Carl Gustav Jung (1875-1961) was a Swiss psychiatrist and founder of analytical psychology. A contemporary of Sigmund Freud, he had an abiding interest in the Unconscious – the portion of the psyche of which we are usually unaware, but that offers us nearly limitless potential for creativity and development. Jung drew inspiration for his studies of the unconscious from alchemy, dreams, mythology, astrology, world religion, philosophy, and art – as well as certain inexplicable, mystical experiences that occured within his own personal life.
As he developed his theory of the human psyche, Jung came to see it as a “self-regulating system”. This meant, essentially, that if all the aspects of the psyche were working in harmony together then a person’s growth and true fulfillment would occur as naturally and inevitably as the budding of a flower. Guiding this process, according to Jung, were certain universal forces (or symbols) that he called archetypes. The archetypes are a kind of blueprint for the potentialities of human beings. They have appeared in all cultures, throughout every age, in dreams and in more visible forms of expression like the arts. Seen from this perspective, neurosis represents some kind of disharmony between the individual consciousness and the archetypal reality.
To the psychologist, dreams are one of the most prominent means by which the unconscious communicates with the conscious mind. Working with his patient’s dreams thus became the focus of Jung’s work, and he analyzed thousands throughout his career. The recurring themes that he encountered throughout the course of this work led him to conceive of a kind of map of the human psyche and the unconscious. One of its elements is the Shadow, which represents aspects of one’s personality that one cannot accept and thus relegates into some dark basement of the psyche. Jung also used the term anima to personify the feminine elements within the psyche of a man, and animus to personify the masculine elements within the psyche of a woman. The Complexes, in Jungian terminology, were defined as disturbing elements in the mind that work to create the state of disharmony between one’s conscious attitudes and the unconscious. The main thrust of Carl Jung’s work can be seen as an attempt to isolate his patient’s complexes and rob them of their stranglehold on the inner mind. Once these obstructions were cleared away. the process of individuation could unfold unimpeded.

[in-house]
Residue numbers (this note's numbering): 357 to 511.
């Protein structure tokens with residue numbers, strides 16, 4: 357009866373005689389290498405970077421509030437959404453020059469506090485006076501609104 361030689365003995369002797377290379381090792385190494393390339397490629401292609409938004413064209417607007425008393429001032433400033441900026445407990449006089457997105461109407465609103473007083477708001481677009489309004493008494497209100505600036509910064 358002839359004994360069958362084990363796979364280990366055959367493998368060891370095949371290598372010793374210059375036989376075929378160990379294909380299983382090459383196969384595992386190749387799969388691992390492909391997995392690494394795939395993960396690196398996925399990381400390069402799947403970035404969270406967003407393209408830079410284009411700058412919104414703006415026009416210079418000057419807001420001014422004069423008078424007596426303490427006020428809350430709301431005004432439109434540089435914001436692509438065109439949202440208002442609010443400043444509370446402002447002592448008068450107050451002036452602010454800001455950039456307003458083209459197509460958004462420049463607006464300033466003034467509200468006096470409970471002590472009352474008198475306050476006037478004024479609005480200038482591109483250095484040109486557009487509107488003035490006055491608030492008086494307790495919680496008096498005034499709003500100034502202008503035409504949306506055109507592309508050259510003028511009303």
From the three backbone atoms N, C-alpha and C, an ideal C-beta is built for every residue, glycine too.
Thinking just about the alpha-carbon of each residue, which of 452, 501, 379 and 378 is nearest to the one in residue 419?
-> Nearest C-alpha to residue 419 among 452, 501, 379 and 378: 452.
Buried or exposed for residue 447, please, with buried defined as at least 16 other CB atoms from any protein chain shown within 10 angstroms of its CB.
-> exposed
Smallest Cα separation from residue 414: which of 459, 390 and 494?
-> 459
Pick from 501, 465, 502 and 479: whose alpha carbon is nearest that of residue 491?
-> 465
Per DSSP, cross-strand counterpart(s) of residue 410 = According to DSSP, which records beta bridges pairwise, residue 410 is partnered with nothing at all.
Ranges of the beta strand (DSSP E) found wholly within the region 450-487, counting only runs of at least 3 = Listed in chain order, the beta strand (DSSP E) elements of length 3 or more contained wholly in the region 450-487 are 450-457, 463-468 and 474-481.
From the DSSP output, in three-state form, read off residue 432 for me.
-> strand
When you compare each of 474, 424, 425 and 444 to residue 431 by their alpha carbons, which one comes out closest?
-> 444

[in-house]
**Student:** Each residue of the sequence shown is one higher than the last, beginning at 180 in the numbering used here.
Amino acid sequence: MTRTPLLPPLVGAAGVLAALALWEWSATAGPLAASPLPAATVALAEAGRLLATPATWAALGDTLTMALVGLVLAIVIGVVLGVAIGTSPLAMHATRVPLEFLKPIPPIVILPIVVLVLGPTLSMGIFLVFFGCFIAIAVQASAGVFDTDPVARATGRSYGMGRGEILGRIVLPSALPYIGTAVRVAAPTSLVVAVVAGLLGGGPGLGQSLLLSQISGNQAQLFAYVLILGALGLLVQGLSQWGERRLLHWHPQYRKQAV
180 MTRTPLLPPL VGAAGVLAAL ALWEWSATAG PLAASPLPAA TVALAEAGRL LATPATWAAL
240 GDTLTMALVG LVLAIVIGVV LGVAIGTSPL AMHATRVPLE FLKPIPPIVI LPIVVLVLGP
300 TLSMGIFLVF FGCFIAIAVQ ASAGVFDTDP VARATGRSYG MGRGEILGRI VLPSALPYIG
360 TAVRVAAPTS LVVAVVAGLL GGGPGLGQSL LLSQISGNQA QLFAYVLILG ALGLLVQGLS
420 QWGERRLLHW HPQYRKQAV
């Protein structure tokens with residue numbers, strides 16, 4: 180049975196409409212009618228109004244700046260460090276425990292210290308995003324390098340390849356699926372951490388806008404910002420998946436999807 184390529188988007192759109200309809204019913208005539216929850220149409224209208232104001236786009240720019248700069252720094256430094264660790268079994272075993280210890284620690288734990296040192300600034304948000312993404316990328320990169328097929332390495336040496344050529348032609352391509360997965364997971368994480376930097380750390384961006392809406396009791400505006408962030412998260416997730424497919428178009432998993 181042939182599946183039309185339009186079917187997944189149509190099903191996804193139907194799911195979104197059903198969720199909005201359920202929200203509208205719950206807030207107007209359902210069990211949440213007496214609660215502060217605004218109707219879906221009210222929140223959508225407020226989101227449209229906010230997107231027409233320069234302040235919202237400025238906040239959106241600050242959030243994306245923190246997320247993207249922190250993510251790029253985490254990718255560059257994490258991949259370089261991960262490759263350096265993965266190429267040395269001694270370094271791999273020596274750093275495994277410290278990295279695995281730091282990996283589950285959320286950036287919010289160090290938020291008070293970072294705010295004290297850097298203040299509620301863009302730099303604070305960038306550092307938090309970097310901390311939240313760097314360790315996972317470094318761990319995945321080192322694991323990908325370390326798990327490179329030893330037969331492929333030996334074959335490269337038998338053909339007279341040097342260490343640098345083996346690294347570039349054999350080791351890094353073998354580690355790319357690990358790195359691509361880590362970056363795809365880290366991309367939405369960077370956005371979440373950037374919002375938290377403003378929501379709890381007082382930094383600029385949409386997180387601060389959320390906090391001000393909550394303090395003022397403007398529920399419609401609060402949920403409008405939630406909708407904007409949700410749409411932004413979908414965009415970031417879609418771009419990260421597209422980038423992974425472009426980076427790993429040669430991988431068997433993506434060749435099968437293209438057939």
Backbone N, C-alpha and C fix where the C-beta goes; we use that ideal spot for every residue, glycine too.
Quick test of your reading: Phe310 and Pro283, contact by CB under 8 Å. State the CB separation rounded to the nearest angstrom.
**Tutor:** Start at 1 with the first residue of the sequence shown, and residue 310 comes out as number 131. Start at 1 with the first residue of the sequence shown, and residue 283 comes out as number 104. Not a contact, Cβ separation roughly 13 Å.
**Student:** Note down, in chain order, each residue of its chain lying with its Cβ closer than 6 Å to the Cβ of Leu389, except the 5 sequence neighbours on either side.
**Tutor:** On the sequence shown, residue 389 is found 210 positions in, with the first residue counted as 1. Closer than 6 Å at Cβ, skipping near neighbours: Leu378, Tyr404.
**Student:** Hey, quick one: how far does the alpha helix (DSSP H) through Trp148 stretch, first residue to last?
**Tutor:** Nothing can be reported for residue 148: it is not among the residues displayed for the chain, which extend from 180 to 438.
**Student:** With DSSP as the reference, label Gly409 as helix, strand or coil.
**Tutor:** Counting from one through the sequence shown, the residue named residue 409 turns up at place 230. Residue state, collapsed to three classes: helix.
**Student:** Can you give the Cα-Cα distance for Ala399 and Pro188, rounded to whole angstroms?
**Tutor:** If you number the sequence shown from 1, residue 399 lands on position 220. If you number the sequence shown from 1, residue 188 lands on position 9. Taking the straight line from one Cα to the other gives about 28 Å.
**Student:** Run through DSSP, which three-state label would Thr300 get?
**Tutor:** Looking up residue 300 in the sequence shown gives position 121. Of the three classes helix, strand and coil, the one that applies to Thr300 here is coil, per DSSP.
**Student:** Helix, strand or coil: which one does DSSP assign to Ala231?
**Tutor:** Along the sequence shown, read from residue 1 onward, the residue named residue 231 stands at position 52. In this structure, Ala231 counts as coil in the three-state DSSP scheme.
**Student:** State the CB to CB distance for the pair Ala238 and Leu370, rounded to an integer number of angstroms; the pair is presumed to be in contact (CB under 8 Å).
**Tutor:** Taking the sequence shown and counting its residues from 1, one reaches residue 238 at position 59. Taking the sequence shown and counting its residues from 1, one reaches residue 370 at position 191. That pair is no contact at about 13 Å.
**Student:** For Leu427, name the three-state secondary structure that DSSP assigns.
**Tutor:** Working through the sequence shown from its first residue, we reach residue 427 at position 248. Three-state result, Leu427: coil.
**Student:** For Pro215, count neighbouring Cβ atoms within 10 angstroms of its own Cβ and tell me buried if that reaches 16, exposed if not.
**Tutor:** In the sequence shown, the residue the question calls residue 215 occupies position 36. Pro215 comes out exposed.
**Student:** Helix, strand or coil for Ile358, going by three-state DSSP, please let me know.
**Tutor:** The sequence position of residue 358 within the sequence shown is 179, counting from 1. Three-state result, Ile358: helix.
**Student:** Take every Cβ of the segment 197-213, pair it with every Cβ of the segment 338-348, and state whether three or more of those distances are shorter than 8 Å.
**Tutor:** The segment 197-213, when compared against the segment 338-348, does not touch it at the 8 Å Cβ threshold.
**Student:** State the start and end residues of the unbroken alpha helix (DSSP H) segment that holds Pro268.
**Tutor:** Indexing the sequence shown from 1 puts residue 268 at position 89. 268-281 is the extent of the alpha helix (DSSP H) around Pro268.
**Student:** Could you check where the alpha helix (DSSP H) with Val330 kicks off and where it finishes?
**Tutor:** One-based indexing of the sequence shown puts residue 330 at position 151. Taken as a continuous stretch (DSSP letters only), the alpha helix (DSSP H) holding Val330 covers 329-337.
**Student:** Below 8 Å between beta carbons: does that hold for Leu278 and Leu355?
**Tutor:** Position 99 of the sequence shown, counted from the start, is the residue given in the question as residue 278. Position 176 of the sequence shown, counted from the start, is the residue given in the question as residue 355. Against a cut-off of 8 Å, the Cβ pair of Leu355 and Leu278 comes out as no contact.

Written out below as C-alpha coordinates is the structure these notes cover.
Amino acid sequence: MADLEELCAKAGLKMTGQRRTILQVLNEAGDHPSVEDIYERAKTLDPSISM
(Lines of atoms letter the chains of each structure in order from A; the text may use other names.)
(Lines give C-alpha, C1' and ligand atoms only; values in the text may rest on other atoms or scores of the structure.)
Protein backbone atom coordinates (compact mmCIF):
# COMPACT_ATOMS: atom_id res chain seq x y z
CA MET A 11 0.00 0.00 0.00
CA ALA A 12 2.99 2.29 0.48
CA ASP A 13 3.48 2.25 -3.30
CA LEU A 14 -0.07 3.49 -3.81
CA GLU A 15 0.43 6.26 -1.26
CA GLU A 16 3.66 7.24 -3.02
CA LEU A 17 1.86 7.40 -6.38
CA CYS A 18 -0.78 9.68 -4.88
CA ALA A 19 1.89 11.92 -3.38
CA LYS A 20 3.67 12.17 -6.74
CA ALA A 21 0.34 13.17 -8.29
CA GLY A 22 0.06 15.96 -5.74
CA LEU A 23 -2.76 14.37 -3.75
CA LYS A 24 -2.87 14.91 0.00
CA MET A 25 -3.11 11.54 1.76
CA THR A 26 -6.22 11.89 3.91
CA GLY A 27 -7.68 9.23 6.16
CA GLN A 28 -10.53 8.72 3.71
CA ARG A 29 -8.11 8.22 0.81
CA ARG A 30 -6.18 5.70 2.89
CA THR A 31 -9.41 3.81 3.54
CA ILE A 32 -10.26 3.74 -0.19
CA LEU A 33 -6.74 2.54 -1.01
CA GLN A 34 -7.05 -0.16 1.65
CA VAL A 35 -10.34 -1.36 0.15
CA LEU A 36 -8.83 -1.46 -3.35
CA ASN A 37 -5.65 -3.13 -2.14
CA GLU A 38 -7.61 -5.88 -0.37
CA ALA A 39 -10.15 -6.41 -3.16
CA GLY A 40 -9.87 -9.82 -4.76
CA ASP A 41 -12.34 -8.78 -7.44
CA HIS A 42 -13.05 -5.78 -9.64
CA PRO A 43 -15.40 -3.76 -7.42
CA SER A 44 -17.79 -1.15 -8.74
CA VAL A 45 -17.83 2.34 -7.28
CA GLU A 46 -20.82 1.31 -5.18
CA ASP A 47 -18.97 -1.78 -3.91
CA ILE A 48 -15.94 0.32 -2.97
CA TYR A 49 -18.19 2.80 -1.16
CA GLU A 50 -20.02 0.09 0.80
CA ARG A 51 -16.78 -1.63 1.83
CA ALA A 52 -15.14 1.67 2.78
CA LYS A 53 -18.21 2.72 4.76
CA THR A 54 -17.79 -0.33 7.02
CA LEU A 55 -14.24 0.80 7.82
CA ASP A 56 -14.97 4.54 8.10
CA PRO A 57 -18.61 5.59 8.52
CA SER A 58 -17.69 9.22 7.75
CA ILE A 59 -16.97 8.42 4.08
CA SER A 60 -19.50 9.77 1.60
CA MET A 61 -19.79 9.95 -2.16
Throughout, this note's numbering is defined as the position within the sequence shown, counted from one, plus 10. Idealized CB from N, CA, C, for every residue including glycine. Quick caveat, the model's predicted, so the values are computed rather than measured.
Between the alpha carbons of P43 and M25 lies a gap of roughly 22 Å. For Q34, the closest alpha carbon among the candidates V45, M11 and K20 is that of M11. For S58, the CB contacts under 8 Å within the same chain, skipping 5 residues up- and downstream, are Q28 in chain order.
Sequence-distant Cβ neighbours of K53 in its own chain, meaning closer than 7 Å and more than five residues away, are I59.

This work required great courage and commitment on the part of patients. They had to be willing to accept the image of themselves that they received from the mirror of their dreams and confront the complexes that kept them shut off from the flow of life and stuck in all kinds of compulsory behavior. Carl Jung was renowned for saying, “What man does not confront in his own unconscious, he will encounter in the world as Fate”. This statement is important because it illustrates his belief that the only way to truly change oneself – and, by extension, the world at large – is to cultivate the soul and battle the demons within.
Carl Jung developed analytical psychology to help clear away the obstacles that stand in the way of the unfolding of the human soul. Ideally, he maintained, this unfolding would occur as naturally as the growth of a tree. But modern man’s reliance upon cnscious reason, and his relative ignorance of the unconscious and its messages, has disrupted the process. Analysis, then, must be the means by which we re-establish our connection with these deeper portions of our own psyches – and feel an onrush of personal empowerment and sense of our true life paths as a result.